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Recently, I have been spending a lot of my time researching the topic of GPUs, and have came across several articles talking about how PC games are having a hard time staying ahead of the curve compared to console games due to limitations with the APIs. For example, on Xbox 360, it is my understanding that the games run in kernel mode, and that because the hardware will always be the same, the games can be programmed "closer to the metal" and the Directx api has less abstraction. On PC however, making the same number of draw calls with Direct-X or Opengl may take even more the 2 times the amount of time than on console due to switching to kernel mode and more layers of abstraction. I am interested in hearing possible solutions to this problem.

I have heard of a few solutions, such as programing directly on the hardware, but while (from what I understand), ATI has released the specifications of there low level API, nVidia keeps theirs secret, so that wouldn't work too well, not to mention the added development time of making different profiles.

Would programming an entire "software rendering" solution in Opencl and running that on a GPU be any better? My understanding is that games with a lot of draw calls are cpu bound and the calls are single threaded (on PC that is), so is Opencl a viable option?

So the question is: What are possible methods to increase the efficiency of, or even remove the need for, graphics APIs such as Opengl and Directx?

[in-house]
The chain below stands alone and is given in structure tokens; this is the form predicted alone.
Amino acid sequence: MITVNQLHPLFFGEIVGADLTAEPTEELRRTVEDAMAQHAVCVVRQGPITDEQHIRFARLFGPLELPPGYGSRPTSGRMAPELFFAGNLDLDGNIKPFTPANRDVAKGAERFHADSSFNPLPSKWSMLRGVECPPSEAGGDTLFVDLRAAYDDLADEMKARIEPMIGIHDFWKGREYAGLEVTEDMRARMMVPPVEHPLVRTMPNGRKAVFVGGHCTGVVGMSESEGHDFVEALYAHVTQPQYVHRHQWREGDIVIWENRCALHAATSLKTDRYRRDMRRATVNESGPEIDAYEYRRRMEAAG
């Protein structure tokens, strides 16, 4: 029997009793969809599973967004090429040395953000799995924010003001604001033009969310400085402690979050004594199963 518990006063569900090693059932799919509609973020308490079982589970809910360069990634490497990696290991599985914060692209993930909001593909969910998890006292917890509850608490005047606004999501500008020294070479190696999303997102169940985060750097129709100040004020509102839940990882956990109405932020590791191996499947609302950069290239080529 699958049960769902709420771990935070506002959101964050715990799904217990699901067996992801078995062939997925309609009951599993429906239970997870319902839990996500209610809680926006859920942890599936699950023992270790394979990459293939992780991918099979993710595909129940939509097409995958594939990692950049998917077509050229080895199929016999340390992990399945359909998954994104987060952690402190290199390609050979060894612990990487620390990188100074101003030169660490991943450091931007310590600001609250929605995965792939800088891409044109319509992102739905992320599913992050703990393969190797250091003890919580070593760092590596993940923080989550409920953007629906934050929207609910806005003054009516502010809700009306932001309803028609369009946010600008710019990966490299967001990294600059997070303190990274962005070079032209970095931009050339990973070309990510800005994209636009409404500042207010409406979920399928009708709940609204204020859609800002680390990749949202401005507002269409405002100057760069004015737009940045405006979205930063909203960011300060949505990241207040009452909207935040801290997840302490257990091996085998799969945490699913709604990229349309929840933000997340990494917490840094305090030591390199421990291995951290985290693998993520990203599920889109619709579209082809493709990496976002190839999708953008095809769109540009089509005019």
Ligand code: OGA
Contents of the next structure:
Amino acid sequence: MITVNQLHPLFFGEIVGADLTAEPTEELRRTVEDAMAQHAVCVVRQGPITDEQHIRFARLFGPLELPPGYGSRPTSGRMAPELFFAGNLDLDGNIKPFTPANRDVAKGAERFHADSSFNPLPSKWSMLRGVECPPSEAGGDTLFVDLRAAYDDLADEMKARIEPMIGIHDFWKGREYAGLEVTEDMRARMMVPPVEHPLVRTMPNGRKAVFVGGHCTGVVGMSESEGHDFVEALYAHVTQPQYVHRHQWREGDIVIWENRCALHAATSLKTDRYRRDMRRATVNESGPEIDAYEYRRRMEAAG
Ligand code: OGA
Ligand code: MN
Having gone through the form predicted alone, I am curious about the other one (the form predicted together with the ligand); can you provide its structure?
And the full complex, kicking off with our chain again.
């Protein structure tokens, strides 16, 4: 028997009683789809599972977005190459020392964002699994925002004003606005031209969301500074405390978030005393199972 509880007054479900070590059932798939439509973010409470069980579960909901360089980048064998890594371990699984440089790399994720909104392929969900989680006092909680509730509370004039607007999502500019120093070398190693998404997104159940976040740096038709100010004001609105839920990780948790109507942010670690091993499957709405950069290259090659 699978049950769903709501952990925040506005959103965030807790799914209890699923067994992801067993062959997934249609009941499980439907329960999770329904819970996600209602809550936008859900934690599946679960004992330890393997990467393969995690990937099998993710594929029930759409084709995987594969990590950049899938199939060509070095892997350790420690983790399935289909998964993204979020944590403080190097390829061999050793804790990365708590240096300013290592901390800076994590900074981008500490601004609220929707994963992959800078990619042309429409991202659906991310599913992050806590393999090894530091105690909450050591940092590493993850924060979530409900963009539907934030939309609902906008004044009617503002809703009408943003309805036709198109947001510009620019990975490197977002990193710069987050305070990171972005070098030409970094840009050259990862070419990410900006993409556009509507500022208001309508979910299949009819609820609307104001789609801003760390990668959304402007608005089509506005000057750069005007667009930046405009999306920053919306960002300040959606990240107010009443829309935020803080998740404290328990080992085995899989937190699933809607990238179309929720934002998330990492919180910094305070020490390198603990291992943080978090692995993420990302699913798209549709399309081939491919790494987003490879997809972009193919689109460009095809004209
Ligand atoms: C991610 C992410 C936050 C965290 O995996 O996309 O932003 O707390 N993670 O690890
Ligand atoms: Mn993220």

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3 Answers 3

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The general solution is to not make draw as many draw calls. Texture atlases via array textures, instancing, and various other techniques make this possible.

Or to just use the fact that modern computers have a lot more CPU performance than consoles. Or even better, make yourself GPU bound. After all, if your CPU is your bottleneck, then that means you have GPU power to spare. Use it.

OpenCL is not a "solution" to anything related to this. OpenCL has no access to any of the many things one would need to do to actually use a GPU to do rendering. In order to use OpenCL for graphics, you would have to not use the GPU's rasterizer/clipper, it's specialized buffers for transferring information from stage to stage, the post T&L cache, or the blending/depth comparison/stencil/etc hardware. All of that is fixed function and extremely fast and specialized. And completely unavailable to OpenCL.

And even then, it doesn't actually make it not CPU bound anymore. You still have to marshal what you're rendering and so forth. And you probably won't have access to the graphics FIFO, so you'll have to find another way to feed your shaders.

Or, to put it another way, this is a "problem" that doesn't need solving.

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What should big AAA developers that want better performance and blame the overhead do? –  contrapsych Dec 5 '11 at 1:11